Pluimen.nl is a Dutch company selling gift vouchers that can be redeemed in exchange for services such as sauna, paintball, dining, and other options.
Pluimen collaborated with QualityTraffic, a certified VWO partner, to improve conversions to drive revenue. This case study draws upon what was originally written by Carlos Romero of QualityTraffic.nl.
Pluimen used its home page as the landing page for people who searched on Google for the term “gift voucher” and other closely related keywords. Pluimen’s marketing team wanted to explore ways to improve conversion to drive higher revenue. It wanted to increase revenue by boosting purchases.
The original landing page had 2 call to action (CTA) buttons—one reading Buy Now and the other Check Experiences.
This is what it looked like:
To reach their goal, Pluimen’s team decided to modify the home page/landing page by minimizing the number of distractions on it. The intent was to draw more visitors into the sales funnel and then make them follow a straight path to look at the experiences that a Pluimen gift voucher offered.
Their hypothesis was that the original home page offered visitors too many choices, leading to confusion. The company hypothesized that reducing the number of CTA buttons and the number of links would lower the bounce rate and get more visitors into the sales funnel.
To test the hypothesis, a new landing page variation was created, with only 1 call-to-action button, that is, Check Experiences. The variation also had a significantly reduced number of links.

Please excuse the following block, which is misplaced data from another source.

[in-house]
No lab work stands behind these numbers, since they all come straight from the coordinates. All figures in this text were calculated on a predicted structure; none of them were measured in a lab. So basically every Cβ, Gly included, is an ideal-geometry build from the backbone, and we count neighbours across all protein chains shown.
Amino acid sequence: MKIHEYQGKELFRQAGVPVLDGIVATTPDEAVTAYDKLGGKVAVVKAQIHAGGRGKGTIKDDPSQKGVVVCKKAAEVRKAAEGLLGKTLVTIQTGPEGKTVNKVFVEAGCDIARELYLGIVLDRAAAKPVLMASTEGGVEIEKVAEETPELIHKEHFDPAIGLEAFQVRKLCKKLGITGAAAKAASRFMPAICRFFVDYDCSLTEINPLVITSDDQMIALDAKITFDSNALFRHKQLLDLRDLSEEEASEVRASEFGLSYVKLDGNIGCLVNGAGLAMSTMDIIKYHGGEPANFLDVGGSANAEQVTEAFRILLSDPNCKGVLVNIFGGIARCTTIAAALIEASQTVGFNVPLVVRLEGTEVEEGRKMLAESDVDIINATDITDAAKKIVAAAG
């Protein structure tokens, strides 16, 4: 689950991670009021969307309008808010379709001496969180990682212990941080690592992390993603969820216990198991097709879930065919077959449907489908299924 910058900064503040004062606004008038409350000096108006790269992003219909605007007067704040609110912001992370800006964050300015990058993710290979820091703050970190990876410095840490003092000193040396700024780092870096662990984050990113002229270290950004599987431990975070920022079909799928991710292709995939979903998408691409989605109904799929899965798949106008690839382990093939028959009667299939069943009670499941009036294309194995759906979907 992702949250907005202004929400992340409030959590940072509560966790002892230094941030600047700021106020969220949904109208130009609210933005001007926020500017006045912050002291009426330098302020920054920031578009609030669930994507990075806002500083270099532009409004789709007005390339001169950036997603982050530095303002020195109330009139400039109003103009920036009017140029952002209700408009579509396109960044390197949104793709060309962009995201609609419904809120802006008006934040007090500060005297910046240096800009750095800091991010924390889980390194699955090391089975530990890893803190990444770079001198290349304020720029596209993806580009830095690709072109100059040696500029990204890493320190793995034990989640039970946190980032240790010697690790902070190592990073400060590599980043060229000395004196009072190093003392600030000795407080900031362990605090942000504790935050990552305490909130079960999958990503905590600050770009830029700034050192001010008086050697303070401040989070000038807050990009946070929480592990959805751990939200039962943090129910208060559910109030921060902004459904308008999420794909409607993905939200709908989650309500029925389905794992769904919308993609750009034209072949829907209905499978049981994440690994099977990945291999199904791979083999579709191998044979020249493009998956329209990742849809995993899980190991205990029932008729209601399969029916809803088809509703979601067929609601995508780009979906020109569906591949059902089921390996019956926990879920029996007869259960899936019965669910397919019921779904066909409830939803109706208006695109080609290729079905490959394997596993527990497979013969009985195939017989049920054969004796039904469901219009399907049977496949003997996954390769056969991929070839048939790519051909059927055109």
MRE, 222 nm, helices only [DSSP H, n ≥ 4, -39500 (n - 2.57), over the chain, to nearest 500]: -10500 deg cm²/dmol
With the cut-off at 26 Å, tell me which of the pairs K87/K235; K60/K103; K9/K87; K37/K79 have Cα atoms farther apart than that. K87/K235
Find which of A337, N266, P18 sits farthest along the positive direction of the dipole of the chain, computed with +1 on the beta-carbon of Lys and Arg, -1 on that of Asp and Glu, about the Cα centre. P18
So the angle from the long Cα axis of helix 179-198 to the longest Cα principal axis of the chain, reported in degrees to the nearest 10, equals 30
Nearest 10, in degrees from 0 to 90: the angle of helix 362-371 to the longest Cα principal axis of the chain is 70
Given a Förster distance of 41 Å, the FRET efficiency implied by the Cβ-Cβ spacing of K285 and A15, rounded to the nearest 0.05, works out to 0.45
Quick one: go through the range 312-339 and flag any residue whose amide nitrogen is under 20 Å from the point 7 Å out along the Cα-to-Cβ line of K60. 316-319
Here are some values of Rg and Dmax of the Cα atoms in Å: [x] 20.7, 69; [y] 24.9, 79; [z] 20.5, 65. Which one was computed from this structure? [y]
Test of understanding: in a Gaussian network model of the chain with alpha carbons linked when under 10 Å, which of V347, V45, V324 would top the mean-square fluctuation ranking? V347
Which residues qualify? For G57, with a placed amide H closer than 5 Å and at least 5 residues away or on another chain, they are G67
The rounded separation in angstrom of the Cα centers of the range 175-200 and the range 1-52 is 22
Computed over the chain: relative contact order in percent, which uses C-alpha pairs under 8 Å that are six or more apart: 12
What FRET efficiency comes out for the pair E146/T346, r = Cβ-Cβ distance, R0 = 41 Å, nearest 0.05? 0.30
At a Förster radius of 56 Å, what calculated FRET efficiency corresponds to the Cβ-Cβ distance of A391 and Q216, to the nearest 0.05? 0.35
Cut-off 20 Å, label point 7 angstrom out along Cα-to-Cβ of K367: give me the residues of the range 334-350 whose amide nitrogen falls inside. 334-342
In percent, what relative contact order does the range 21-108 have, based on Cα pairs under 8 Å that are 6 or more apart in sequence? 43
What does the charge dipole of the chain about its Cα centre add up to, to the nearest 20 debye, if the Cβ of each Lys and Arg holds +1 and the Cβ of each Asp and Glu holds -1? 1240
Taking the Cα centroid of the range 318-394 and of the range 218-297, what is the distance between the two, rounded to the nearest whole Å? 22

This is what the variation looked like:
QualityTraffic used the VWO platform to set up and conduct an A/B test. The A/B test ran for 47 days before it was concluded that the variation did beat the original landing page.
The hypothesis that reducing distractions would reduce the bounce rate was proved right. The test generated the following statistically significant results:
So, why did the variation deliver such a significant improvement?
By reducing the number of CTAs and links, visitors had fewer things on the landing page to focus on. They easily got to the Check Experiences CTA and on clicking this button, they got the social proof that gave the site credibility and encouraged them to finish their purchases.
According to the research conducted by Iyengar & Lepper (When Choice is Demotivating: Can One Desire Too Much of a Good Thing?), it was found that more people would likely take a desired action if they are given lesser choices.
The average landing page has an attention ratio of 20:1. This means that there are 19 links that can potentially draw a visitor’s attention away from the one link or CTA button that has the highest priority for you (because it needs to lead to conversion).
The ultimate attention ratio is, of course, 1:1. Barry Schwartz, the author of The Paradox of Choice – Why More is Less, explains why fewer choices lead to faster decisions.
Thank you for your time.